Metro: Last Light Game Review
In Post-Apocalyptic Russia, borscht eats YOU! Metro Last Light is the sequel to the 2010 game Metro 2033 which is all based on a novel by Dmitry Glukhovsky.
Originally called Metro 2034, its name was changed after publisher Deep Silver acquired the game from THQ which had gone bankrupt since the previous game, which lead to a very questionable business move for the release of this game that I will talk about later in the review. I have not played the first game in this series and I’m not sure why.
If you know me, I have a huge fascination with Russia and Eastern Europe and since this game was made by Ukrainians and Russians with the same setting, I should have checked out the Metro series sooner.
Metro Last Light is pretty much what I expected Fallout 3 to be. I am not a big fan of Fallout 3 at all which is blasphemous to some people, but when I played Fallout 3, I was expecting a post-apocalyptic shooter which is not what it is at all. Nothing wrong with that, it’s just not for me. Metro, on the other hand, is the post-nuclear war shooter that I had been wanting. This game has been called like a cross between Silent Hill and Fallout but I found it to be more like a cross of FEAR 2 and Fallout. It mixes FPS action with survival horror and does it quiet well. Put on your gasmask, we’re diving into this review.
Set in Russia in the year 2034, humanity lives crowded and dying in the massive Moscow metro. Subway stations are now makeshift cities and fortifications, the few working subway trains are the only forms of transportation, and the dark tunnels hide mutated life evolved from the nuclear war that made life on the surface uninhabitable to humans. The surface is now populated with monstrous beasts and other things considered to be unnatural. On top of that, humans are constantly at odds with each other in the Metro, trying to go to war with each other over the last bit of resources.
You play as Artyom, a member of the Spartan Rangers, an elite military force that tries to police and keep peace in the Metro. In the previous game, Artyom nuked a mysterious surface dwelling race known as The Dark Ones and there are now reports that there is still one of these beings left. On the mission, Artyom and the Dark One, which is just a child, both get captured by one of the warring factions. Artyom must now escape and complete his mission to find out the secret to this last Dark One and survive the hellish world Earth has become.
In terms of setting, Metro is amazing. The world this game is set in is extremely dark and oppressing as life in a subway system would be. The majority of mankind is destitute or dying and it brings out the worst in humanity. You really get that uncomfortable feeling of this is what life would be life if this really happened.
The story itself is good and comes together well at the end but there are long stretches of time in the game where the story isn’t really moved along at all as you’re just trying to make your way from one area to another.
And there are other times where I was wondering ‘why am I here and what does this have to do with anything?’ But this isn’t too big a deal as it never gets in the way of the gameplay. The game just seems to spend more time immersing you in the setting as opposed to the story. You may take that as a good thing or a bad thing. Most of the male characters are interesting and well acted, especially a guy named Pavel who because a friend of yours. Artyom himself is a semi-silent protagonist though. He talks during the intermissions between levels as he writes in a diary but he never actually talks in the missions. I don’t understand why they chose to do this. I’m not a fan of the silent protagonist in games like this. This then leads me to the female characters…
This is not a game you’re going to be bringing up in discussions women being positively portrayed in video games. 1) The game sports the most realistic and graphic nearly nude lap dance I’ve ever seen in a video game. It’s optional but it’s there and most likely you’ll pay money to see it at least once. In terms of context, it makes sense because this scene happens in a brothel while you’re trying to spy on somebody. It just makes you feel like you’re suddenly in a Duke Nukem game for a minute. 2) The character of Anna. She is the only female in this game that has any real character and it’s not done so well. When you first meet her, she flat out doesn’t like you, and then you don’t see her for a long time. When you finally do see her again, she’s happy to see you for some reason. Mind you, there was zero character development in that gap of time. Then a level later, she basically makes you have sex with her and then you don’t really see her again till the end of the game. She was basically there for a boob slip and a non-explicit sex scene. Now I’m no prude. I have no problem with nudity and sex in video games but it has to have purpose. Had this relationship had more build up and context, I wouldn’t be making a big deal out of this but the way Metro goes about it is borderline exploitive. The Witcher and Mass Effect series did it sooo much better. If you don’t care how games go about portraying their women, then ignore my little rant here.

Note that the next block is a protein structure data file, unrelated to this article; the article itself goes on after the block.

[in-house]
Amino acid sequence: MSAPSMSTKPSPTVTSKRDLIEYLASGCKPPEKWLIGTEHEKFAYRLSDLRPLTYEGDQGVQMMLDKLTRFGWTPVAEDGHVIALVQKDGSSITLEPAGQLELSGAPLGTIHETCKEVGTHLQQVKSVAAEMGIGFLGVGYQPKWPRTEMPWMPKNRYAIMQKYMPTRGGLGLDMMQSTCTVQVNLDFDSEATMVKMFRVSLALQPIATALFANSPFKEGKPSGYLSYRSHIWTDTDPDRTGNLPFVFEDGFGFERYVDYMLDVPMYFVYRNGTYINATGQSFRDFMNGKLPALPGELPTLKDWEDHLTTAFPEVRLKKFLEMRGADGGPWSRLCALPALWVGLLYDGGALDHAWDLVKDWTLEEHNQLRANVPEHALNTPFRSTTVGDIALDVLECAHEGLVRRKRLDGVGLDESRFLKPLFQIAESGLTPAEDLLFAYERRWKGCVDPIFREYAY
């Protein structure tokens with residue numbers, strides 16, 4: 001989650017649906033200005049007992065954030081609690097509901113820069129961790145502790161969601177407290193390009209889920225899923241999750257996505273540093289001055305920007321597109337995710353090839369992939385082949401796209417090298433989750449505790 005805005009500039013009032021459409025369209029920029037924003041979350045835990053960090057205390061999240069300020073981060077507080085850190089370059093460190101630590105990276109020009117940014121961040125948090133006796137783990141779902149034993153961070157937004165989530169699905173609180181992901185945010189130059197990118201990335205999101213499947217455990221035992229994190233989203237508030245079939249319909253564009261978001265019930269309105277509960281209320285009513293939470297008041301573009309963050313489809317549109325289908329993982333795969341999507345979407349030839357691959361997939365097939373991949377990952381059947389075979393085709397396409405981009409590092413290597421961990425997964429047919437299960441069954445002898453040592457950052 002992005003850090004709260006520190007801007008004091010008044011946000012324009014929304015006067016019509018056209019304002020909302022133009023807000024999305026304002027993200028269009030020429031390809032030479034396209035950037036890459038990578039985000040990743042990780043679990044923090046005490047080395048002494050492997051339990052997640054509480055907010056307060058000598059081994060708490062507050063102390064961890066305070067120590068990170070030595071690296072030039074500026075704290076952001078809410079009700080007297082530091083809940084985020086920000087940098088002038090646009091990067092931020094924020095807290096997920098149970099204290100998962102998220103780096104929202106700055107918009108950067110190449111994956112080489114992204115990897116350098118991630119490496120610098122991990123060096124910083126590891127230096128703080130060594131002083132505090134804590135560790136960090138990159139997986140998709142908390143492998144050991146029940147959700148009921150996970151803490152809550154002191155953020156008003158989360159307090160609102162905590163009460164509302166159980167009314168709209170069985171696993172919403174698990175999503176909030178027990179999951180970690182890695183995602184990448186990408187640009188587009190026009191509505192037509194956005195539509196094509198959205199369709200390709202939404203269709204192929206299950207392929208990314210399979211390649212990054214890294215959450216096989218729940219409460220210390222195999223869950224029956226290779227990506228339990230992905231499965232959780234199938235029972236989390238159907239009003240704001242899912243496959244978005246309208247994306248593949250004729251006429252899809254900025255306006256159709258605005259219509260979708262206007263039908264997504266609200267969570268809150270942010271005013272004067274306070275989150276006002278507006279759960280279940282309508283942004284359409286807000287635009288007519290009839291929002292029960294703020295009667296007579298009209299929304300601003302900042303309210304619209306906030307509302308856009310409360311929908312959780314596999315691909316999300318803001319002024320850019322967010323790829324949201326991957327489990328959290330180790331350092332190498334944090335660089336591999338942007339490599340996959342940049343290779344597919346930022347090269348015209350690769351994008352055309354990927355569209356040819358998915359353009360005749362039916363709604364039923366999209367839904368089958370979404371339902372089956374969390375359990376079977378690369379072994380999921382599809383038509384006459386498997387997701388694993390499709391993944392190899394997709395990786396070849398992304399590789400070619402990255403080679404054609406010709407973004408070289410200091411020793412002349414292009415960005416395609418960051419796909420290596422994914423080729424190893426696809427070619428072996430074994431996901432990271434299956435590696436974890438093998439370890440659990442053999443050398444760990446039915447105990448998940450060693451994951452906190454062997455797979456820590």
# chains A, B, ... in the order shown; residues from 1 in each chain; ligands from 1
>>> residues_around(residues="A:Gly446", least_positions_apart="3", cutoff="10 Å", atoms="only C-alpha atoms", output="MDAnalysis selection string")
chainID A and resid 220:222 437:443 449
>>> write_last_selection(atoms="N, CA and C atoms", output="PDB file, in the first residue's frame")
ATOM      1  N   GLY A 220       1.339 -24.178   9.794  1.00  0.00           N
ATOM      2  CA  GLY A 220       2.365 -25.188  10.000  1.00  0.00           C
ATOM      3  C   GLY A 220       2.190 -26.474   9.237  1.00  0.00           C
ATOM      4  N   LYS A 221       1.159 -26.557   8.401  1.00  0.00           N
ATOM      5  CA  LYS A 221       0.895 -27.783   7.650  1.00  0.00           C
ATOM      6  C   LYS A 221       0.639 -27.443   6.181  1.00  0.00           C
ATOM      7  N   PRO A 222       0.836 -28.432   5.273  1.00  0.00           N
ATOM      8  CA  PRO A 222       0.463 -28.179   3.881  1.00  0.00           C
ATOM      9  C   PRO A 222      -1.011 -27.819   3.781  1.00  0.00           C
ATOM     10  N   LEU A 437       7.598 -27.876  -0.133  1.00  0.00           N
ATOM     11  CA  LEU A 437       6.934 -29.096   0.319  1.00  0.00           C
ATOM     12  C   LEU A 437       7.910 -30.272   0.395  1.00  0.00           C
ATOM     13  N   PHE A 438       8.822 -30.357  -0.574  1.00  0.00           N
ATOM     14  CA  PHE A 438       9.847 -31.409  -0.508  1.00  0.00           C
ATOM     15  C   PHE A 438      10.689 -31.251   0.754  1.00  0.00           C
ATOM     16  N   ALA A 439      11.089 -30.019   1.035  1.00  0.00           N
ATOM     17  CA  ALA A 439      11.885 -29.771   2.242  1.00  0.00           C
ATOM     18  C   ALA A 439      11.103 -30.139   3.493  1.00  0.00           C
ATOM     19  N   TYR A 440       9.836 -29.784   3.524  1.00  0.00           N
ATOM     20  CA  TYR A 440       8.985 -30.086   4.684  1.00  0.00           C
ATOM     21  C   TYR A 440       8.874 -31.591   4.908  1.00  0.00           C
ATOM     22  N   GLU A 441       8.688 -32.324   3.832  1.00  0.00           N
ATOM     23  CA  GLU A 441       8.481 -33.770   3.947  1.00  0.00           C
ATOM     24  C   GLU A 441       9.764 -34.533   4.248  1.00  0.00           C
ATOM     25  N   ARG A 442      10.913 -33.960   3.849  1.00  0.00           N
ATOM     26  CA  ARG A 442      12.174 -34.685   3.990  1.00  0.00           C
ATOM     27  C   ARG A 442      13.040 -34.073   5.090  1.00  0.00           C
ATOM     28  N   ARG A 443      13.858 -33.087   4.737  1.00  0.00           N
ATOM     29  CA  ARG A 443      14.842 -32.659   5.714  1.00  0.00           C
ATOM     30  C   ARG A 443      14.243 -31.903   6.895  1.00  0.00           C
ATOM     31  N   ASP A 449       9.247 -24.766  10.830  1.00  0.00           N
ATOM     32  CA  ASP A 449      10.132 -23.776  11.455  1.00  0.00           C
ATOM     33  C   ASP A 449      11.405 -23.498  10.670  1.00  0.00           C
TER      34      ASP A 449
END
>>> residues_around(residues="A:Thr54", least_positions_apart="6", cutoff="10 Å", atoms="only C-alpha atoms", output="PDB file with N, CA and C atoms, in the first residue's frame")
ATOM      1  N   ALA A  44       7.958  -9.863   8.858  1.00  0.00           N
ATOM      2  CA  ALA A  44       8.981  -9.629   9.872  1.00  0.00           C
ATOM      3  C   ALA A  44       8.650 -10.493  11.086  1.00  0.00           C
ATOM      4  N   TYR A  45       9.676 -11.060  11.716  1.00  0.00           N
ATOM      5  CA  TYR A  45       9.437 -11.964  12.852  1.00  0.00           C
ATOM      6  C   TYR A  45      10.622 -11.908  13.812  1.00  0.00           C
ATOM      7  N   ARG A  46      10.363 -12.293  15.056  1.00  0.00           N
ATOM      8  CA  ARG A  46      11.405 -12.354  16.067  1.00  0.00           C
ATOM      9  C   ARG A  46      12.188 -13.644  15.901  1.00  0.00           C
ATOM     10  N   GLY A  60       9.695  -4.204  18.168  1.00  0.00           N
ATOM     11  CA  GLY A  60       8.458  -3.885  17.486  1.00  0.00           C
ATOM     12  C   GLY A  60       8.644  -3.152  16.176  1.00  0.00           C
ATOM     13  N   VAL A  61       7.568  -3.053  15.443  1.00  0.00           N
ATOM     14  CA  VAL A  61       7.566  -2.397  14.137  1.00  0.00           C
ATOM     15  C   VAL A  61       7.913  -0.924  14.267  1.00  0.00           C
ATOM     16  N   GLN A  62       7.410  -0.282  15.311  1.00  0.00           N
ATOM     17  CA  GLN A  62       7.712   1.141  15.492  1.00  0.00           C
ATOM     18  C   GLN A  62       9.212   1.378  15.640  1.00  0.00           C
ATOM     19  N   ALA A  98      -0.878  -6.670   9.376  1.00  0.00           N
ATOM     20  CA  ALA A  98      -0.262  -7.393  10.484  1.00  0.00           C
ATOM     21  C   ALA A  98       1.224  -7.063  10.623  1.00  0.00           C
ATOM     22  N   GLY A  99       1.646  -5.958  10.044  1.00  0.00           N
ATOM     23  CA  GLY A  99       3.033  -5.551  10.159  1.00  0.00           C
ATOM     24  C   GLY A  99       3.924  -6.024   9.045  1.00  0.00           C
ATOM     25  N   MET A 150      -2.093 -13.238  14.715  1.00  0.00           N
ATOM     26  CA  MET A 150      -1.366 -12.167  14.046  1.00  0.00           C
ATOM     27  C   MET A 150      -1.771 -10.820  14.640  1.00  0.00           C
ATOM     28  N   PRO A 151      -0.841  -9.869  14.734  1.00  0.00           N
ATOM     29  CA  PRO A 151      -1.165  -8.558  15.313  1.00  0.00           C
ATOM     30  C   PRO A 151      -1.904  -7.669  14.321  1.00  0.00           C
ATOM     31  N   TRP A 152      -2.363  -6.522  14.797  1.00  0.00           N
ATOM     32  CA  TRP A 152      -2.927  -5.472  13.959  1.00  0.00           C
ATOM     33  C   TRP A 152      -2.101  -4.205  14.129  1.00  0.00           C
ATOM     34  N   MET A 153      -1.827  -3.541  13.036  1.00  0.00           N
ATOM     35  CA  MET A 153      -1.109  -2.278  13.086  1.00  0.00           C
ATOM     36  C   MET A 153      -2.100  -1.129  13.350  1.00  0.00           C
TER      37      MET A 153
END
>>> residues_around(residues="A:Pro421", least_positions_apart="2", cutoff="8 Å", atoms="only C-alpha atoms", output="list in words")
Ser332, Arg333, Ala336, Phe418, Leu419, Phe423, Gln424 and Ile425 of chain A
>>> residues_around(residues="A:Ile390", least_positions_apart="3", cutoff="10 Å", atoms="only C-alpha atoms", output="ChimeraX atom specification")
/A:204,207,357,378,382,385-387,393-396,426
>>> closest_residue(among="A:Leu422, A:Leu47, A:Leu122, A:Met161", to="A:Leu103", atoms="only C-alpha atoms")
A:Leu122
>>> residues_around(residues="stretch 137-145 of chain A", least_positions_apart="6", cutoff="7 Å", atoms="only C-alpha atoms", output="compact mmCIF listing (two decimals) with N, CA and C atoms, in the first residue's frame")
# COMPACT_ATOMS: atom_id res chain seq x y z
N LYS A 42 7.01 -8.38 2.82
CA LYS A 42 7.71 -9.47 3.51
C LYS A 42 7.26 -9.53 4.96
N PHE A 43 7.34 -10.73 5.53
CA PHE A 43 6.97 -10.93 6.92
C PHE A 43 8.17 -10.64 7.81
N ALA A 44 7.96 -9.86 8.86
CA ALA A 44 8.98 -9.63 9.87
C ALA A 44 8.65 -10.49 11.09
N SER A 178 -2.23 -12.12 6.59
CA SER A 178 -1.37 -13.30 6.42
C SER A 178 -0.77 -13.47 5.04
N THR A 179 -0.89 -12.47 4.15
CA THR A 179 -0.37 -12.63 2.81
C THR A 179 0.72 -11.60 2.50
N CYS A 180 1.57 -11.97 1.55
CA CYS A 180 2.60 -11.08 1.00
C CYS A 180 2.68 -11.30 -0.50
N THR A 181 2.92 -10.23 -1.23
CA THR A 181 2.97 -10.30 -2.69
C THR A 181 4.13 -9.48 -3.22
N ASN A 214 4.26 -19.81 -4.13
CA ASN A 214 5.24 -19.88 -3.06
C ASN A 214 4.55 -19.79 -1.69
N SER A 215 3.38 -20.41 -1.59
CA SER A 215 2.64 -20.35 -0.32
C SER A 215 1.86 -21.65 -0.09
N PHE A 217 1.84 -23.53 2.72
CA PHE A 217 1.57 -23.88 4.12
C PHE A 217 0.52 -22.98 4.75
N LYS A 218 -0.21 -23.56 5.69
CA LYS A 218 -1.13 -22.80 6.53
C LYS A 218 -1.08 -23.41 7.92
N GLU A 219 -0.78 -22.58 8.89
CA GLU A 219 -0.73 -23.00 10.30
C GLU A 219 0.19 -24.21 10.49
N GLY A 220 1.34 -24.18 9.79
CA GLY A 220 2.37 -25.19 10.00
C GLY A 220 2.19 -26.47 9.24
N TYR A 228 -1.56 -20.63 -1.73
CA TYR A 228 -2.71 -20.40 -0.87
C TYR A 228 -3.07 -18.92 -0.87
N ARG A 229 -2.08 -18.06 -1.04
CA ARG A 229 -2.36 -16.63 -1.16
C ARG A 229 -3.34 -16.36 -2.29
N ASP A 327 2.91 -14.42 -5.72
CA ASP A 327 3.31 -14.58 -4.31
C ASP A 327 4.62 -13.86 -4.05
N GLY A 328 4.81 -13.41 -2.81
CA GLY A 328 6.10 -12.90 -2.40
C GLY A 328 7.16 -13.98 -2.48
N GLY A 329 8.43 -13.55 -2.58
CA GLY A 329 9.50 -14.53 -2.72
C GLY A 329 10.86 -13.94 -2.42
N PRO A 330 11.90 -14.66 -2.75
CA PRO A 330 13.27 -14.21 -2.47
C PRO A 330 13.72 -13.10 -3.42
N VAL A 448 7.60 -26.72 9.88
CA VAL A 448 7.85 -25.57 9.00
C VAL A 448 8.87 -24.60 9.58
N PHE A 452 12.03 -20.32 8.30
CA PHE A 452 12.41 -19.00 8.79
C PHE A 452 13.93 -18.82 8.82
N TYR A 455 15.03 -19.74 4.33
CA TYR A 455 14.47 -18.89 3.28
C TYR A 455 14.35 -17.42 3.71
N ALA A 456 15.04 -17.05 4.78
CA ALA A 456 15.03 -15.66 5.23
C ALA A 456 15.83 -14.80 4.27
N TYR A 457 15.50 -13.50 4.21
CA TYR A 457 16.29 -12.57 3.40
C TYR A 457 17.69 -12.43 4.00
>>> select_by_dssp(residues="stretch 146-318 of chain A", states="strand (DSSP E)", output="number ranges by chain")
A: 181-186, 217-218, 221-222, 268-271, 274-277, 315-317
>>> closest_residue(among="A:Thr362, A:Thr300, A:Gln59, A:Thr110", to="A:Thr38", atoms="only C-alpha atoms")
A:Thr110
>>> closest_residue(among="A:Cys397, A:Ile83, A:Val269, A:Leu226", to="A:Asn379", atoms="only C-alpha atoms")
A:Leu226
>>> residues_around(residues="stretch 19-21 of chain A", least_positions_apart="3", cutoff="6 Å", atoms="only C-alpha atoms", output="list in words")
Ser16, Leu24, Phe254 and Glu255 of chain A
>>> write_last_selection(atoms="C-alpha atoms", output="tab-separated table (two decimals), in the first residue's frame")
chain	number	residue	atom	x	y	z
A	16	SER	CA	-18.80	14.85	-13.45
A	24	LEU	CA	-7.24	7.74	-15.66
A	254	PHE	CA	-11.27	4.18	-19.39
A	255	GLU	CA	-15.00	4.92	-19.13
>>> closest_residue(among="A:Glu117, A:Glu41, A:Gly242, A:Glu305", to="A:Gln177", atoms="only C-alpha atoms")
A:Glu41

The game is around 8 to 10 hours long depending on the difficulty you are playing on and the difficulty makes a big difference in this game.
There are a lot of levels. 31 to be exact but the levels themselves are short. While some will feel longer than others, some you’ll find yourself thinking ‘that was it?’ The game does have two endings giving it some replay value and both the endings are well done and satisfying regardless if it’s the good or bad ending. The last level is also pretty damn epic. While the story of Metro is good, it will constantly be the setting that seems more interesting, for me at least.
The core of Metro is like most FPS games so if you’re a veteran of such games, you won’t have too much trouble. It’s all the equipment you have is where it gets interesting. Your guns are not the only things you’ll be carrying on you through the tunnels and wastelands. You’ll have a headlamp, lighter, battery charger, NVGs, med kits, and most importantly your gasmask. They all serve their purposes and you’ll find yourself having to use them throughout the game but everything has limitations. The gasmask isn’t just something you slap on and you’re good to go. You’ll have to keep an eye on your watch while wearing it as the air filter has to be replaced every five minutes or so. The lens of your mask will also get dirty and you will have to manually wipe it off the mud and blood from time to time. Ammo conservation is also very important especially on the higher difficulties.
While finding ammo when fighting human enemies isn’t too much of a problem, long periods of time where you face non-human enemies is where you’ll find yourself starved for bullets.